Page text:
Q&A – What Types Of Questions Are On The Citizenship Test?

Today’s entry: Brian, as the saying goes, those who don’t know their history are doomed to repeat it. My question is regarding the citizenship test. I understand there’s a new version as of December but what types of questions are on it?

Bottom Line: As of December 1st, there is a revamped citizenship test process and scoring system. It’s the first update since 2008. The biggest change is that those seeking citizenship must now answer at least 12 of 20 questions in order to pass. In the last version, ten correct answers were needed to pass. As for the questions themselves, they’re never static. First, there had been 100 possible questions, that’s been increased to 128. Only 20 actually are presented during an oral Citizenship test. For example, some of the static questions include:

  • Name two national holidays.
  • Why does the flag have 50 stars?
  • What is the supreme law of the land?

Second, some of the questions are dynamic, changing over time, for example, Who is one of your state’s U.S. senators now? or Who is the President of the United States now?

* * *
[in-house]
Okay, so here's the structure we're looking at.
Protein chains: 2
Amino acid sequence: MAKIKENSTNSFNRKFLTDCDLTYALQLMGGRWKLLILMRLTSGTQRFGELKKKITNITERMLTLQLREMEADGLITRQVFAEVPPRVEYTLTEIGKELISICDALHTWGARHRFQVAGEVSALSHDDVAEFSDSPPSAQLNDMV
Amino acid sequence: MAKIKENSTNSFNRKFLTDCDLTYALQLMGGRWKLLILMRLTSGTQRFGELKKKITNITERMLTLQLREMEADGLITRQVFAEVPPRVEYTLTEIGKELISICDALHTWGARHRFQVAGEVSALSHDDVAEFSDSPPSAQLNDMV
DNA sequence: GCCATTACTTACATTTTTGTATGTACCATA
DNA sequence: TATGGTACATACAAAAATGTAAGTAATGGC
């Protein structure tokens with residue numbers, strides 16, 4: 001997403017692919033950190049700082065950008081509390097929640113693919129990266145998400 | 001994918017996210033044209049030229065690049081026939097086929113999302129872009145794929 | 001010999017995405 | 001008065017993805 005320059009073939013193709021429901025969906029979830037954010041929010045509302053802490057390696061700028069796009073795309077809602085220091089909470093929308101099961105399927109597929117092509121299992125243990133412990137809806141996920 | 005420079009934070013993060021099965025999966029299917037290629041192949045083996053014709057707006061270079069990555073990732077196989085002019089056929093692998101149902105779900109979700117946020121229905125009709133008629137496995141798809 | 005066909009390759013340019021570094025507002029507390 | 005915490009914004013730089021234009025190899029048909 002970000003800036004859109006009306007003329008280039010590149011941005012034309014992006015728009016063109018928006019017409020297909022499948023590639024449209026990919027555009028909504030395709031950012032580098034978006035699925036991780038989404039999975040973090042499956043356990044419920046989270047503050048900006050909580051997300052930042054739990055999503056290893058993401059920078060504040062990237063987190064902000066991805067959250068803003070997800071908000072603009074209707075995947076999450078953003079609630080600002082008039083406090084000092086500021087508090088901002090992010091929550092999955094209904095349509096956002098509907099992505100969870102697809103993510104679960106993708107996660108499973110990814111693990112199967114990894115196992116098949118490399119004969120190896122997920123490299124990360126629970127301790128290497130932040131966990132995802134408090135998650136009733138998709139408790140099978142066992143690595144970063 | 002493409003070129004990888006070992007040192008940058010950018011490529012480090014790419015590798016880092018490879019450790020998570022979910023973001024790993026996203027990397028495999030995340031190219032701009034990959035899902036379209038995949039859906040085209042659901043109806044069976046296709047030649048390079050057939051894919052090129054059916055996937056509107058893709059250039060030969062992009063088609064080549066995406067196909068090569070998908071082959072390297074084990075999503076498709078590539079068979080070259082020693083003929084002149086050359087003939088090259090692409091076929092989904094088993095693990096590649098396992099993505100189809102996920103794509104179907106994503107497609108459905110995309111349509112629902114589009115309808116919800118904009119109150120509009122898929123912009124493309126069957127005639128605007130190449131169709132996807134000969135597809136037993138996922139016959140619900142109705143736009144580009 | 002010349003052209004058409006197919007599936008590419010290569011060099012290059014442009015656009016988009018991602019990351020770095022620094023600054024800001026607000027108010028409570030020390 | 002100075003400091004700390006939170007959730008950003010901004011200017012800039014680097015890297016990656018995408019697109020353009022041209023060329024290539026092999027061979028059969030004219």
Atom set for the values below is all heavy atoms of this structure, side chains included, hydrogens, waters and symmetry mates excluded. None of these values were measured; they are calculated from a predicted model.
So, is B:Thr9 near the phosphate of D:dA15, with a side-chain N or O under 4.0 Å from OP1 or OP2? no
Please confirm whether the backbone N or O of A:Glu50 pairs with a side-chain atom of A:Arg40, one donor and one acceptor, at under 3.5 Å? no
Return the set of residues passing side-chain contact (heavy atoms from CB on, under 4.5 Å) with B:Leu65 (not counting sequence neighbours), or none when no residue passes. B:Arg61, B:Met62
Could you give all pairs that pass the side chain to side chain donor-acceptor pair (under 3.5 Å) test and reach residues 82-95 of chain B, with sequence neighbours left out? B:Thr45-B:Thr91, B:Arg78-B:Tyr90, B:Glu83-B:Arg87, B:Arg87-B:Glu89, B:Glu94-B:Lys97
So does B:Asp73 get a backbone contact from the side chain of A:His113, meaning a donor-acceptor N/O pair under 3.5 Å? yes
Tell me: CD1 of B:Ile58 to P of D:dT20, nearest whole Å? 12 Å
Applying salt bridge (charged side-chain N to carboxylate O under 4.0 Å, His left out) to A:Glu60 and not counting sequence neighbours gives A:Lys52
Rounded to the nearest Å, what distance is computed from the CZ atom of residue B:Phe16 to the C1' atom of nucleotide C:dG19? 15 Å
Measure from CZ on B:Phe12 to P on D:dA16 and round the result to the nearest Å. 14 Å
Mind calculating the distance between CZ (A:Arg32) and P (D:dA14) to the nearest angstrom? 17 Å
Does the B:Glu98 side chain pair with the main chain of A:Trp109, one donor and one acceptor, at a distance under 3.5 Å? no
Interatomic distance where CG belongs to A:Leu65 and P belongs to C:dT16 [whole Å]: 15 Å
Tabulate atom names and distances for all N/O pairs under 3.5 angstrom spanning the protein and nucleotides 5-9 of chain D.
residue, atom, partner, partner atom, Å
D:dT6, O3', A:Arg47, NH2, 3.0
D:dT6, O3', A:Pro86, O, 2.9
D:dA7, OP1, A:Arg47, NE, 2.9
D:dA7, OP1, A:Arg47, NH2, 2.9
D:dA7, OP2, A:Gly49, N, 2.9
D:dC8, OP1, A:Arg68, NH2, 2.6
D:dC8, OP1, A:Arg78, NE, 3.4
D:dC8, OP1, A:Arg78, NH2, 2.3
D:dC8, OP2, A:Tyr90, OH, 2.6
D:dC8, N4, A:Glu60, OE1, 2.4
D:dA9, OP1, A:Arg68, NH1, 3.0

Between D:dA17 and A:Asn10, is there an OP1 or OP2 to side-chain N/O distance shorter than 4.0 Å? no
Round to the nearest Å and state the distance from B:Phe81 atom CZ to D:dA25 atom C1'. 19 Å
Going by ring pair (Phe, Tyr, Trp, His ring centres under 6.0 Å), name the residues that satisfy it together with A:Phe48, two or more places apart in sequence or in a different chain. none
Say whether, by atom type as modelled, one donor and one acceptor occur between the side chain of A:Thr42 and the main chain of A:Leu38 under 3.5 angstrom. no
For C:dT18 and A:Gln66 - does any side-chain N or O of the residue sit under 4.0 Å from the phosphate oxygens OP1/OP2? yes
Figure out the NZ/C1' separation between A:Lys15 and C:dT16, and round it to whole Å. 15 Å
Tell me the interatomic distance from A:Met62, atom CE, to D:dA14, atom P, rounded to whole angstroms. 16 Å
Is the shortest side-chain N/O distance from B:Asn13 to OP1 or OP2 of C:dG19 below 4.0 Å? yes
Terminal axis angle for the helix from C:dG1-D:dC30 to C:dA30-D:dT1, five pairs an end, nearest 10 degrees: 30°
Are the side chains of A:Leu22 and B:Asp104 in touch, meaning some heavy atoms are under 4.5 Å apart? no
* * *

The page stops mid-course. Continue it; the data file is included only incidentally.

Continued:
As you can probably tell, these questions aren’t gotchas and frankly, most are little more than common knowledge to those who are well informed. That’s why it’s especially troubling that only 39% of Americans would pass the Citizenship test according to a study by the Woodrow Wilson National Fellowship Foundation. As unfortunate as that may be, consider that in the same study which determined only 39% of Americans would pass the Citizenship test, 40% said history was their favorite subject in school. What does that tell you? Clearly, there’s an issue with the education establishment.

I know it seems easy to simply blame the education system for any number of issues in our society, however, in many respects, it’s deserved. How effective is our education system if only 39% of adults could pass a citizenship test that only requires you to answer 60% of the questions correctly? That’s an abject failure from my perspective. If anyone feels differently and wants to defend it to me, I’d be curious to hear what your argument would be. Once again, I’m reminded how grateful I am for Florida mandating civics education as part of the curriculum going forward. There’s a lot of work to do. But what about the rest of the country? This should be a priority everywhere.

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